German Shepherd Chows are not only one of the most popular breeds in Germany, but they are also known worldwide. They have been bred since ancient times and were used as guard dogs, shepherds, hunting dogs, police dogs and even military animals. Today there are many different types of German Shepherds available. Some of them are:
The German Shepherd Dog (GSD) is a large breed with a short coat which makes it ideal for cold climates. It was originally developed from the Doberman Pinscher dog, but they differ greatly in appearance and temperament. They are very loyal and protective, but their size means that they require a lot of exercise.
The GSD is usually medium sized or larger at 80-100 pounds and stands between 8 ½” tall to 9″. They weigh approximately 50-60 lbs. when fully grown.
They are a cross between the Golden Retriever and the German Shepherd Dog. These dogs share similar characteristics such as being strong, intelligent, loyal and affectionate. However, these two breeds do not always get along so it is best if you choose your own mix carefully!
They have a low to medium exercise requirement, and are good with children and other dogs. They are very loyal to their owners and need plenty of attention. They love to play catch and Frisbee, and they are also fairly easy to train.
The GSD is a large breed that comes in three different coat types (and a mix of those types), including long, medium and short. They all have a similar personality, but the long-haired GSD will need frequent grooming. German Shepherds are intelligent, alert and eager to please, making them one of the most popular breeds in the U.S.
They are natural herders and quite capable of weighing out who is in charge! They need lots of exercise and training, and owners need to display leadership.
They shed a moderate amount. The GSD is one of the most recognizable breeds thanks to their starring role in “The Hound of the Baskervilles” and radio broadcasts during World War II. These dogs have an excellent sense of smell and were bred to track escaped prisoners or animals.
Today, they still make wonderful scouts for the blind and deaf.
These dogs have an appearance similar to the Border Collie, but are larger in size. They have a smooth and dense coat which comes in black and/or tan markings on their face and ears. Their faces are typically tri-colored with a black face, ears, and muzzle, with tan stripes above the eyes and another one mid-face.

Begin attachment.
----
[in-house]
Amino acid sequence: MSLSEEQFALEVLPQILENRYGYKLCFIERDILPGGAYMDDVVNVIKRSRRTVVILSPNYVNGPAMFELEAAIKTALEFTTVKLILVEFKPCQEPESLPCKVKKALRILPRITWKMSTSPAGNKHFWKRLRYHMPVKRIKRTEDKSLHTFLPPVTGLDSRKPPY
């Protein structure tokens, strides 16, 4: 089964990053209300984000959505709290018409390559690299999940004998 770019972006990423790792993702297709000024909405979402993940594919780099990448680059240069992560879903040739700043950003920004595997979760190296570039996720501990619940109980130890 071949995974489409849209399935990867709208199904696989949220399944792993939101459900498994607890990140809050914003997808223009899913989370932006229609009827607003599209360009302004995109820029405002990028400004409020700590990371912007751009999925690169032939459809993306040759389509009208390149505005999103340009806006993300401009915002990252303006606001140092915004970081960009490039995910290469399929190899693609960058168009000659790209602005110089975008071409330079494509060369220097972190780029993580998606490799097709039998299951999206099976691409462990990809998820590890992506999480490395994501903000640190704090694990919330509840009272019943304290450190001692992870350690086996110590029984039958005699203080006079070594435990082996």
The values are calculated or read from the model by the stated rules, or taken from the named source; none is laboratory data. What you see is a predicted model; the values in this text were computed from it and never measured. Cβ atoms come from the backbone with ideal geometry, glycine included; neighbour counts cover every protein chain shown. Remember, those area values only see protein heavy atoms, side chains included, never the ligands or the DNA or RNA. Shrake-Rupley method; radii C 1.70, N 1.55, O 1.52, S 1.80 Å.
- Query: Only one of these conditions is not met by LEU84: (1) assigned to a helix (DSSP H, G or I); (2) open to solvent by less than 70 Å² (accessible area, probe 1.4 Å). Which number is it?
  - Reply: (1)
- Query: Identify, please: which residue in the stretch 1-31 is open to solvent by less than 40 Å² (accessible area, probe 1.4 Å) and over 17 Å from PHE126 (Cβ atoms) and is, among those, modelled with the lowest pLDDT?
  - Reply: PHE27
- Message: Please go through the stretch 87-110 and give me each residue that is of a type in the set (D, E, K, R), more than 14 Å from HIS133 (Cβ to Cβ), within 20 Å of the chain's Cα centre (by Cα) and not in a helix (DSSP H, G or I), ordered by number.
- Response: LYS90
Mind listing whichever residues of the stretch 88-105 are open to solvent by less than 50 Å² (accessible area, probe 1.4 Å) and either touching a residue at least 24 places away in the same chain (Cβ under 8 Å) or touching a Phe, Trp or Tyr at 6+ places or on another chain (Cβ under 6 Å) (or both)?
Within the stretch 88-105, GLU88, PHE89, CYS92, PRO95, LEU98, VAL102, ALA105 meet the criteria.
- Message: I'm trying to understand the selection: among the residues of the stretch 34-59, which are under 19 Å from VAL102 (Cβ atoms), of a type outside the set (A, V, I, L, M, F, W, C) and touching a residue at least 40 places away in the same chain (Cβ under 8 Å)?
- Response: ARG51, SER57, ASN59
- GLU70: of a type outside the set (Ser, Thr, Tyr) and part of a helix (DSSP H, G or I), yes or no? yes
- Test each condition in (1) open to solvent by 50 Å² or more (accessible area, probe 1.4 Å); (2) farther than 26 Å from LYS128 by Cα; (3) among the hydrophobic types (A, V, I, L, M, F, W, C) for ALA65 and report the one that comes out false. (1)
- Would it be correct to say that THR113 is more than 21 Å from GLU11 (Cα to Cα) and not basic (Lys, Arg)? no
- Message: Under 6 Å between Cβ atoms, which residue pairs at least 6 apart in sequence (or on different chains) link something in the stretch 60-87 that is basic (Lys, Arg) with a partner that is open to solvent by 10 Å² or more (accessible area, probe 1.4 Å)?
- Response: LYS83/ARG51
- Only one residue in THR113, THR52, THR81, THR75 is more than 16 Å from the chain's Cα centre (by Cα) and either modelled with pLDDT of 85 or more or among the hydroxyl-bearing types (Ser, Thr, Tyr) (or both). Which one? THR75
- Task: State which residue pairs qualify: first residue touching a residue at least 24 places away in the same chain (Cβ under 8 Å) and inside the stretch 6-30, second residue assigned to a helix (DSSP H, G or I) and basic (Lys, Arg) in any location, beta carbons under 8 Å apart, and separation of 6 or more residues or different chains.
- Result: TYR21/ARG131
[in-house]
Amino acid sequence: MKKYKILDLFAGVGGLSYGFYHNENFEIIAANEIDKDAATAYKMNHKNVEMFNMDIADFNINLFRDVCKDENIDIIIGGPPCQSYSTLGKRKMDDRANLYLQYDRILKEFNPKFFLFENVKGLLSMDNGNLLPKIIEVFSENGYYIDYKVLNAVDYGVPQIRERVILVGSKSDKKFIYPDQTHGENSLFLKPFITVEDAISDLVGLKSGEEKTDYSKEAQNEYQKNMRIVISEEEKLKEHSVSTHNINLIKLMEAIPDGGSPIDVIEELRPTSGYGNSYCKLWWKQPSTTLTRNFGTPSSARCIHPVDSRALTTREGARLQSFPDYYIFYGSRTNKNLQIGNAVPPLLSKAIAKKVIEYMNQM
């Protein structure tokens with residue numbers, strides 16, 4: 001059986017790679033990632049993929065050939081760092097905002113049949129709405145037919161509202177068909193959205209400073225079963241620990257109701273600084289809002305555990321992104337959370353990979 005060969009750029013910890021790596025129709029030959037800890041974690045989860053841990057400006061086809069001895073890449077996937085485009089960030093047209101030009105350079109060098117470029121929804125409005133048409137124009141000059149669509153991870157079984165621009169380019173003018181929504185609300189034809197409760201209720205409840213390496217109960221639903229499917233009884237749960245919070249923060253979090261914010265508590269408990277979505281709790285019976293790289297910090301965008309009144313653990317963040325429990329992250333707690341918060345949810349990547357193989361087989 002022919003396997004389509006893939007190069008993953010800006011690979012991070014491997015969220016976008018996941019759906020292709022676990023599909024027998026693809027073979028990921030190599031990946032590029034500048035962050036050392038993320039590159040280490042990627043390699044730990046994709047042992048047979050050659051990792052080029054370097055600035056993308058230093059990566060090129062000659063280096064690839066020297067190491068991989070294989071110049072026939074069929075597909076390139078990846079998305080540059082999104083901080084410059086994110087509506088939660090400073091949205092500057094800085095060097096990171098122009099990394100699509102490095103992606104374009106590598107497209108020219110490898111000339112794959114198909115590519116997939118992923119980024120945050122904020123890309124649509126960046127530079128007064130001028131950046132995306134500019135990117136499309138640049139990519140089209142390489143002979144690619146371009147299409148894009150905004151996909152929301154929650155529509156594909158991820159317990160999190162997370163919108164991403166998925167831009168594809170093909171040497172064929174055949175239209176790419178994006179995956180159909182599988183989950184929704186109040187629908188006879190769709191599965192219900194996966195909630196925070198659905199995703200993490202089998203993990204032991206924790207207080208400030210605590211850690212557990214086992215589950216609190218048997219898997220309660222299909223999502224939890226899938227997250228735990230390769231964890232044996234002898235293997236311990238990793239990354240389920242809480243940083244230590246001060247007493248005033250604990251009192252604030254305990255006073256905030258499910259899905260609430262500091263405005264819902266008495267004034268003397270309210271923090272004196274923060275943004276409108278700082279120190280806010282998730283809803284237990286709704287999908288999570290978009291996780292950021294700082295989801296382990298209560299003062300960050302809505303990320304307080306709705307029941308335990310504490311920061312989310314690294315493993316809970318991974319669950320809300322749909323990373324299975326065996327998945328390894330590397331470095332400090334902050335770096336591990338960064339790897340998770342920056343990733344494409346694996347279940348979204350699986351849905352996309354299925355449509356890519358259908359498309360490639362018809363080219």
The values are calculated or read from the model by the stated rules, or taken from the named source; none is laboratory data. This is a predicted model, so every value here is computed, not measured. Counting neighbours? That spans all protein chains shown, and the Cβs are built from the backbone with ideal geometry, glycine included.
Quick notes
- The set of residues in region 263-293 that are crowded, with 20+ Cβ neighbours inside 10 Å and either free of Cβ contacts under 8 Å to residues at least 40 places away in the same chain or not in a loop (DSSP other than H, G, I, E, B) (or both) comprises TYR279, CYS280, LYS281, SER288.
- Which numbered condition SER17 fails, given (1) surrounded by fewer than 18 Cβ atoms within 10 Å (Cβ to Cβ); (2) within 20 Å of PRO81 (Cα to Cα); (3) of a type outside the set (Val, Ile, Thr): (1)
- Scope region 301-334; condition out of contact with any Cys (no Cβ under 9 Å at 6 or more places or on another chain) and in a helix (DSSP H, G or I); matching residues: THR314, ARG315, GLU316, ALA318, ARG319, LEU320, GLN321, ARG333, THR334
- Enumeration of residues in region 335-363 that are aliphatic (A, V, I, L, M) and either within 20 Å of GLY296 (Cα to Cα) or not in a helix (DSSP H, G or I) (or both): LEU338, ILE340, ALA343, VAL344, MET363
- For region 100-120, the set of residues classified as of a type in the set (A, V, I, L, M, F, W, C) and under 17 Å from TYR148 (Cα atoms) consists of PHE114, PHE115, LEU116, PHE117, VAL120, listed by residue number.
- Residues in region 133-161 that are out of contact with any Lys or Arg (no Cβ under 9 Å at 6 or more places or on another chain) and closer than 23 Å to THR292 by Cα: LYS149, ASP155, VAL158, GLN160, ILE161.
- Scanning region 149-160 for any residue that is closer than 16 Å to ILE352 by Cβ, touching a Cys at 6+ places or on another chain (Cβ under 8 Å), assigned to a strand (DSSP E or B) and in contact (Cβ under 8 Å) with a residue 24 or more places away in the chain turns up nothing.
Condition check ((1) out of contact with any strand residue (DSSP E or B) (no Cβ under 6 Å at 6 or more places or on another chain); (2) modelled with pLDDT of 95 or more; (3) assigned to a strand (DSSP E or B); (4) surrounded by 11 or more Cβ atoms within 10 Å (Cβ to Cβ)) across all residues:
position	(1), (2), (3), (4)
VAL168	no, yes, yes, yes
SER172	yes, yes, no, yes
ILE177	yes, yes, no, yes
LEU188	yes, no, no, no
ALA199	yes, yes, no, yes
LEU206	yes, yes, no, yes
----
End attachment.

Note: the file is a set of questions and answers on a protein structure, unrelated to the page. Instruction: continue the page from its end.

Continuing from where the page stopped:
They have a solid black back with tan coloring on their chest and legs that is similar to the markings of a Great Dane. They will also have white markings on their toes and a white blaze on their chest. The body is long and lean with a broad skull and their ears are typically pricked up.
These dogs have a medium exercise requirement and are good with children when they are raised with them. They can be wary of strangers, so proper socialization is important. They need lots of mental stimulation or they will get bored and find trouble to amuse themselves!
The PSA is an intelligent dog that is also a working breed. They are alert and vigilant making them good guard dogs, but they do need extensive exercise and a job to do.
The Bloodhound is often called the scent hound because it has an unbelievable sense of smell. They are large and have a short and smooth coat that comes in black, brown, or a combination of the two colors. The Bloodhound has a distinct, but friendly look with an under bite, drooping lips, and hanging ears.
New research has found that mixed breeds live on average about two years longer than purebreds. Whether this is due to the out-crossing or simply being lucky enough to be born free of hereditary conditions that affect purebred dogs is unknown at this time.
There are many advantages to adopting a mixed breed dog.
Sources & references used in this article:
Putting (Big) black dog syndrome to the test: Evidence from a large metropolitan shelter by J Sinski, RM Carini, JD Weber – Anthrozoös, 2016 – Taylor & Francis
Dogs as metaphors: Meaning transfer in a complex product set by R Ascher-Walsh – 2013 – Simon and Schuster
Always faithful: A memoir of the Marine dogs of WWII by HJ Huson, HG Parker, J Runstadler, EA Ostrander – BMC genetics, 2010 – Springer
The pit bull placebo by EC Hirschman – Semiotica, 2002 – degruyter.com
Eurasian: Mixed Identities in the United States, China, and Hong Kong, 1842–1943 by WW Putney – 2002 – books.google.com
Prosocial Helping in Dogs: A Strategy to Secure Loyalty? by K Delise – The Media, Myths and Politics of Canine Aggression, 2007 – casadeltoro.org